Can you say a few words about humanitarian projects?
I started working on the Housing Project when I lost my job training teachers in the Roman Catholic School after the Second Intifada. In order not to go crazy, I began to volunteer my time to the church. This housing project was already there. It had been my father-in-law’s idea. He was instrumental in getting the land from the Greek Patriarchate to build affordable homes to help families to stay in this area.
They had been writing to friends in America for two years asking to help with this project, but no one would even answer their letters. I offered to help with that because I was travelling to America promoting my book. It was a dollar for dollar campaign – a little over two hundred thousand was raised. The money has helped twenty-four families to build twelve duplexes. The families themselves are in charge of finishing the houses off, putting in the kitchens and the bathrooms, with us just putting the skeletons of the house in.
I finished with this project because it was just too difficult to raise enough money to build homes and started on another project, the Education Project. That year so many people in the village needed help with tuition. So, we started off helping one or two kids in 2000, but families kept begging me for help to pay for education. So, we started this Taybeh Education Fund – the idea was to help families, so families would stay here.
It’s a way to practice the Gospel, a way to share love, because God has given me a roof over my head. This is why people leave this place, because they have no home. So, I felt that, as my kids were blessed – we paid for them to go to college, paying for other people to go to college was a way to return my blessings.
And now, I have sixteen kids at the Greek Orthodox School whom I hope to get through college. I don’t take on any new kids, because I don’t know how to come up with the money.
Maria, you’ve written several books for children – how did you start writing?
The first book I wrote was for my kids. When they were little I used to read to them every day from the Bible, something about science, something in Greek. Everything I read taught them something about life, but there were no Orthodox books on the library shelves in Boston. And I wanted to explain to them why we light candles in church, why we kiss the priest’s hand, why we receive Holy Communion, why we listen to the Gospel. So, I wrote the little story of why this and why that, which is “Christina Goes to Church.”
I wanted to teach my kids to be close to Christ. I wanted to give them something that would carry them for life and make them stronger in their faith. Something that would help them put Christ first in their life. That’s how “Christina Learns About the Sacraments” and “Christina’s Favourite Saints” came about. I thought there would be other mothers that would want to read to their kids about Orthodox life.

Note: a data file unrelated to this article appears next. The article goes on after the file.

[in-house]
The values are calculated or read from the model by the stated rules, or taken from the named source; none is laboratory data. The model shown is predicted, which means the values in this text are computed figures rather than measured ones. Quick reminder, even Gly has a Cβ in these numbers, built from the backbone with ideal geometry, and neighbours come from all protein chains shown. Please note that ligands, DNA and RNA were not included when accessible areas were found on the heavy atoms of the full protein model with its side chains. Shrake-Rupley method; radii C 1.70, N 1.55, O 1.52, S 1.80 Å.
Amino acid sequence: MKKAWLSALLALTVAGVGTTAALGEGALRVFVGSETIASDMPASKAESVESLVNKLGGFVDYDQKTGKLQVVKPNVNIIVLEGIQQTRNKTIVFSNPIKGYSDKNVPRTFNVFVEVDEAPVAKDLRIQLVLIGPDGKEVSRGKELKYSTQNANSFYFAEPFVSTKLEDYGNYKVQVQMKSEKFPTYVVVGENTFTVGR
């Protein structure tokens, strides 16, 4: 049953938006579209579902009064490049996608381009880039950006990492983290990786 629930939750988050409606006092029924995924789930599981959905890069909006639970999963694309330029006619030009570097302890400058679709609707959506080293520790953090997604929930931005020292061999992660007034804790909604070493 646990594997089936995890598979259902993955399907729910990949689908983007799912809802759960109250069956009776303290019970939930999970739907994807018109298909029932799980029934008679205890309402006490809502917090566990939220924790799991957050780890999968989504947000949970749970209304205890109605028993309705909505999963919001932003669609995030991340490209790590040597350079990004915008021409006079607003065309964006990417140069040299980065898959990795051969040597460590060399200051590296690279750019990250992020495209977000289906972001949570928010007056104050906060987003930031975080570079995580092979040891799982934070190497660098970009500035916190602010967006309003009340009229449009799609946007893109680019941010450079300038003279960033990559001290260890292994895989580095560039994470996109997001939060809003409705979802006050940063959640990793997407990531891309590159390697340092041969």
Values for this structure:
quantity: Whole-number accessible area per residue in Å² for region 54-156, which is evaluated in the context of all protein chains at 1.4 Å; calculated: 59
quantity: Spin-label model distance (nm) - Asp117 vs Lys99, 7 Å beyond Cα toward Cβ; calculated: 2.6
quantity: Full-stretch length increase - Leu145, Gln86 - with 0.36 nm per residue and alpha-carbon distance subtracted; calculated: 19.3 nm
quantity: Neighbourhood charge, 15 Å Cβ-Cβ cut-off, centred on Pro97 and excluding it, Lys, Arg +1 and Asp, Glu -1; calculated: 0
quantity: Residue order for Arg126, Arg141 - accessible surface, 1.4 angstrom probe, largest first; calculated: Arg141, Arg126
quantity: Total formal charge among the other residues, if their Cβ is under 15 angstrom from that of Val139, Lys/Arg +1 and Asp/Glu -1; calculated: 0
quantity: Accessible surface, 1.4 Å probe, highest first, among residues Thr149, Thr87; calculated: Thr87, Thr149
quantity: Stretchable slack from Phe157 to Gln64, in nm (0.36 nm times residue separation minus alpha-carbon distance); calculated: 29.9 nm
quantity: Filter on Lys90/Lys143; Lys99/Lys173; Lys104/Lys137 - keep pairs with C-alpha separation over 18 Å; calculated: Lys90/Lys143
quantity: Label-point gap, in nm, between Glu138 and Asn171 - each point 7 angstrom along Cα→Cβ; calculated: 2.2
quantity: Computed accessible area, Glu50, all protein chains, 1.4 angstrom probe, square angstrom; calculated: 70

What inspired “Christina Goes to the Holy Land”?
We were already living in Palestine then. I was stuck under a curfew and was trying to find something non-violent and peaceful to do. The book tries to walk the footsteps of Christ, to go where Jesus was born, where Jesus performed the first miracle, where Jesus was baptized. It tries to say that people can be enriched by seeing the places where our Lord walked, places that were made holy by Christ Himself. This little book is my small effort to encourage others to come and experience the spiritual beauty here. It’s part of promoting the Christian witness here.
What keeps you and your husband in Palestine?
My husband thinks he sees a light at the end of the tunnel. I don’t know where he gets this hope from with the whole world coming down on us and pushing us down economically, socially, and financially. Yet he still wakes up happy every day believing people are going to toast to freedom with his Taybeh beer…
As for me, I had been looking for a way to serve my Church and, I think, maybe God sent me here, because there was some work here serving Christ. Had I not moved to the Holy Land, I would never have been involved in some of the projects that I’m involved with here. My husband has such a love for this land and he instilled it in us as well. It’s the place that Christ walked, it’s the only thing that keeps me going. I find my hope in Christ I wake up and thank God that I woke up to another day next to my husband of thirty-eight years and I try to just get by every day.
How can Christians everywhere assist people in Palestine?
Well, mostly what people can do is just pray, pray, pray. With prayer people are able to do social action where they let others know that not all Palestinians are terrorists. At our hotel, which by the way is the only Christian hotel left in Palestine, we’re trying to promote our history, culture, heritage. We hold an annual Oktoberfest celebration with music and dancing, selling local produce (soap, honey, embroidery). We try to bring several pieces of art from local artists each year to our hotel to introduce them to our guests.
We want to show the world that we are a people, too. A nation its own with filmmakers, philosophers, and artists, even though it’s very hard to remain peaceful when people are cheated from their basic human rights.
It really helps when people are not scared to come and stay here. It is relatively safe. Pilgrimages still take place. They boost our economy and help us by praying for peace and stability and spreading awareness that we are a people deserving freedom like all the other nations around the world. And of course, it enriches peoples’ lives to see the place where the Lord resurrected.
The miracle of the Holy Fire is still here. And this is something that still keeps our little Christian community strong. Even if it remains a small Christian community, there will still be Christian witness in the very land where Christ was born. The land, from which the message of salvation goes to the world to this day. The eternally important message of salvation that Christ was born to save humanity, to save our souls.
So, for those not afraid to come here and be enriched by it, a pilgrimage to the Holy Land can only make you strong in your life and your faith. It can help you to go back to your country and live the life Christ gave us the choice to live.